Israel escalated its military campaign against Hamas on Tuesday, striking symbols of the militant group's control in Gaza and firing tank shells that Palestinian officials said shut down the strip's only power plant in the heaviest bombardment in the war so far.
Hours after the power plant was hit, a tall column of thick black smoke still rose from the plant's burning fuel tank. The station's shutdown was bound to lead to further serious disruptions of the flow of electricity and water to the 1.7 million people packed into the narrow Palestinian territory.
The heavy strikes were a new blow to international efforts to reach a sustainable truce in the fighting, now in its fourth week.
At least 100 Palestinians were killed Tuesday, including 26 who died in airstrikes and tank shelling on four homes, according to Palestinian health officials and the Palestinian Red Crescent. That pushed the overall death toll since the conflict began on July 8 to at least 1,156, according to Gaza Health Ministry spokesman Ashraf al-Kidra.
Israel has reported 53 soldiers and three civilians killed.
In the West Bank, a top PLO official offered a 24-hour truce Tuesday, saying he also spoke in the name of Hamas, but the Islamic militants said they want to hear from Israel first. Israeli government spokesman Mark Regev declined comment.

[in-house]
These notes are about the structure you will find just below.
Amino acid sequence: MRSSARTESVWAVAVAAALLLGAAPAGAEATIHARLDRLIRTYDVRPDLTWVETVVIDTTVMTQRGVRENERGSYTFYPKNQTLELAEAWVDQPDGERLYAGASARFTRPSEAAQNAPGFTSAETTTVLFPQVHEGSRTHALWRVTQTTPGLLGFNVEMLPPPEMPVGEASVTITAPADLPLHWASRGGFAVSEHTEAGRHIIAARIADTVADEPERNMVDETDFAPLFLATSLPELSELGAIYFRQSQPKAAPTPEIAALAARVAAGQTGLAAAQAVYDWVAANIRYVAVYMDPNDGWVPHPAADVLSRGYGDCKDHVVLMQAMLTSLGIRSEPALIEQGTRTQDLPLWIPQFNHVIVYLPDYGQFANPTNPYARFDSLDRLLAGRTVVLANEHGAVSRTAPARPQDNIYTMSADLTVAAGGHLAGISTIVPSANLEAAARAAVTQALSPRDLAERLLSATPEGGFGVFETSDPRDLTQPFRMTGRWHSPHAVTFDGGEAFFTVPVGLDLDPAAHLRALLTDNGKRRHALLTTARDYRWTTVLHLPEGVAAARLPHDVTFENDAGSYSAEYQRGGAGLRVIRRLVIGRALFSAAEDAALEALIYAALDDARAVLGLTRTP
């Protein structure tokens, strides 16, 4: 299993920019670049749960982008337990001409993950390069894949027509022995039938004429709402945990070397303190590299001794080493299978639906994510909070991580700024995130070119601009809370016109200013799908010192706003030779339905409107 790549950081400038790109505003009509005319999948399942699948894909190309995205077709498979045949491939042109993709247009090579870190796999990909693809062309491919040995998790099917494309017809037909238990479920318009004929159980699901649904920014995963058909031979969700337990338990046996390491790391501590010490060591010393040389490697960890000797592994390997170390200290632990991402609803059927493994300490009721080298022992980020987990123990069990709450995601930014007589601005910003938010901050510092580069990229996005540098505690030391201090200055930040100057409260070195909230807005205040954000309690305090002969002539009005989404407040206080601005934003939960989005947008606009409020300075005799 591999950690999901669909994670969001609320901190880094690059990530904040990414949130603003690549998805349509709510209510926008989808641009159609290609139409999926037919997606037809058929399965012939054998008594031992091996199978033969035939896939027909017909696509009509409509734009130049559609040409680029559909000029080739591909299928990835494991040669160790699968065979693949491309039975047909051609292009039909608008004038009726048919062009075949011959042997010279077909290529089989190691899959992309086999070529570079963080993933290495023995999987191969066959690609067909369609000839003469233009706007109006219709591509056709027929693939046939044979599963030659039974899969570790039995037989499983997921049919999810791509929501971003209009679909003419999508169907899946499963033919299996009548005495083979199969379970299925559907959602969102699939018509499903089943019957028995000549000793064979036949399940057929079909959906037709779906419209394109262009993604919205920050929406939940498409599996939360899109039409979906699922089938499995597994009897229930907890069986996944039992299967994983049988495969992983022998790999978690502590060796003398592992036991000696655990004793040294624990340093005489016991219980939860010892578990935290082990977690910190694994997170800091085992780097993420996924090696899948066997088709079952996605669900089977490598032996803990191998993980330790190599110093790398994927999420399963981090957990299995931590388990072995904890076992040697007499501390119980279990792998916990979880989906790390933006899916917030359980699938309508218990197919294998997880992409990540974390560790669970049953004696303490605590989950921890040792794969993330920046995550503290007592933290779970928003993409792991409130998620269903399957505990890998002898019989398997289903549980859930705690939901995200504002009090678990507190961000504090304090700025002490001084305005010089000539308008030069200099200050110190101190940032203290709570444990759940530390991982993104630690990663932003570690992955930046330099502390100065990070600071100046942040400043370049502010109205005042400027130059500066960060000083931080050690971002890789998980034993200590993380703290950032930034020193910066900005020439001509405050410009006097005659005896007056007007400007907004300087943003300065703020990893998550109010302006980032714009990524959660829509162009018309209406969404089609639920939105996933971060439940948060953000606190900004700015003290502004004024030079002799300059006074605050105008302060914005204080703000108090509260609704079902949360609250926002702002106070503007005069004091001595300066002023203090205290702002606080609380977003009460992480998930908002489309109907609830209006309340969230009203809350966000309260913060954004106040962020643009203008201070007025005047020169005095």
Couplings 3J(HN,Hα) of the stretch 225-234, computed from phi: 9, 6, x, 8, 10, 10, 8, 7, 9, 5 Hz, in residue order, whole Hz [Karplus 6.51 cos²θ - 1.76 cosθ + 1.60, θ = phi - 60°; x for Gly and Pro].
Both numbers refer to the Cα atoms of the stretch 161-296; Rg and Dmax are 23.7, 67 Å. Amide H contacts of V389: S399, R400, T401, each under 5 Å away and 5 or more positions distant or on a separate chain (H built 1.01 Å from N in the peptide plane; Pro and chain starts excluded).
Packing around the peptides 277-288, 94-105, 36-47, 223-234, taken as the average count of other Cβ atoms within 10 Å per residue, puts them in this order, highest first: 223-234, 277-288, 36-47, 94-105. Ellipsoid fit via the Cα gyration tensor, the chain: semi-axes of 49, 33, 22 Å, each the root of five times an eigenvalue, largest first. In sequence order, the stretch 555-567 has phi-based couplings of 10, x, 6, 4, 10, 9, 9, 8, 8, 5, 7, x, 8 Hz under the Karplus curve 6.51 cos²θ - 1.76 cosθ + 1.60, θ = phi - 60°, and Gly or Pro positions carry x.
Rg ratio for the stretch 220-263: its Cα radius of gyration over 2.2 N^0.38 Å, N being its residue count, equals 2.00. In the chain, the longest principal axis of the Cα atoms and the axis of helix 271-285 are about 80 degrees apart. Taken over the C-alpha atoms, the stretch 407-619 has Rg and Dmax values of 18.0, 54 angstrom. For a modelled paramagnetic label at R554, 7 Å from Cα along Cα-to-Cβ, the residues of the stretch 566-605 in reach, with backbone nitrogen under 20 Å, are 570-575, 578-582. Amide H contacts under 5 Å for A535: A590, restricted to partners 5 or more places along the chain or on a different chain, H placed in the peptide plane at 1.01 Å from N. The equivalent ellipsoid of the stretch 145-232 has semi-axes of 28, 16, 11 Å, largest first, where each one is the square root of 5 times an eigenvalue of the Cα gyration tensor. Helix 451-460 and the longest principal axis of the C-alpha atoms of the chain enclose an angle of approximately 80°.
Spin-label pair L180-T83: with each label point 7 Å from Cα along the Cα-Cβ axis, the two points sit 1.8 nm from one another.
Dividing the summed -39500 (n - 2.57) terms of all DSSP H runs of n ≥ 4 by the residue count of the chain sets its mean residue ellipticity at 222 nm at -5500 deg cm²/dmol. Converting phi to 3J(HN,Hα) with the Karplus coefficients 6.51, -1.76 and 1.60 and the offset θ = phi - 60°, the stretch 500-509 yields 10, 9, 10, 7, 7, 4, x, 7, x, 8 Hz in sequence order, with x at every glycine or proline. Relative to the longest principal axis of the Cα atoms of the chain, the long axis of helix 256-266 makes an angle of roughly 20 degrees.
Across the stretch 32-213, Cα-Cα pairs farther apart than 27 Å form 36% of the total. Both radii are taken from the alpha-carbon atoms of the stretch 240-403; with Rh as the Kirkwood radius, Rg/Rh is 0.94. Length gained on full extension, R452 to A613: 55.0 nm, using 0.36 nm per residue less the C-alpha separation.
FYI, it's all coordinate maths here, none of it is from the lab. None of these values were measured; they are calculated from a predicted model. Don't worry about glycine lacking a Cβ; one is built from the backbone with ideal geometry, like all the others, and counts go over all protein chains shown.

Israeli Prime Minister Benjamin Netanyahu on Monday warned of a "prolonged" campaign against Hamas.
But it was not clear if Netanyahu has decided to expand the Gaza war into an all-out effort to topple Hamas or planned to limit Israel's operation to the previously stated goal of ending Hamas rocket fire and destroying Hamas's sophisticated network of cross-border tunnels.
Already, the intensity and the scope of the current Gaza operation is on par with an invasion five years ago, which ended with a unilateral Israeli withdrawal after hitting Hamas hard.
On Tuesday, Israeli warplanes carried out dozens of attacks, levelling the home of the top Hamas leader in Gaza, Ismail Haniyeh, and damaging the offices of the movement's Al-Aqsa satellite TV station, a central mosque in Gaza City and government offices.
The scene at the Gaza power plant after two tank shells hit one of three fuel tanks was daunting. "We need at least one year to repair the power plant, the turbines, the fuel tanks and the control room," said Fathi Sheik Khalil of the Gaza Energy Authority. "Everything was burned."
He said crew members who had been trapped by the fire for several hours were evacuated.
Even before the shutdown, Gaza residents only had electricity for about three hours a day because fighting had damaged power lines. Most of the power lines from Israel that provided electricity for payment were previously damaged in the fighting.
This means most of Gaza will now be without power. The lack of electricity will also affect water supplies, since power is needed to operate water pumps.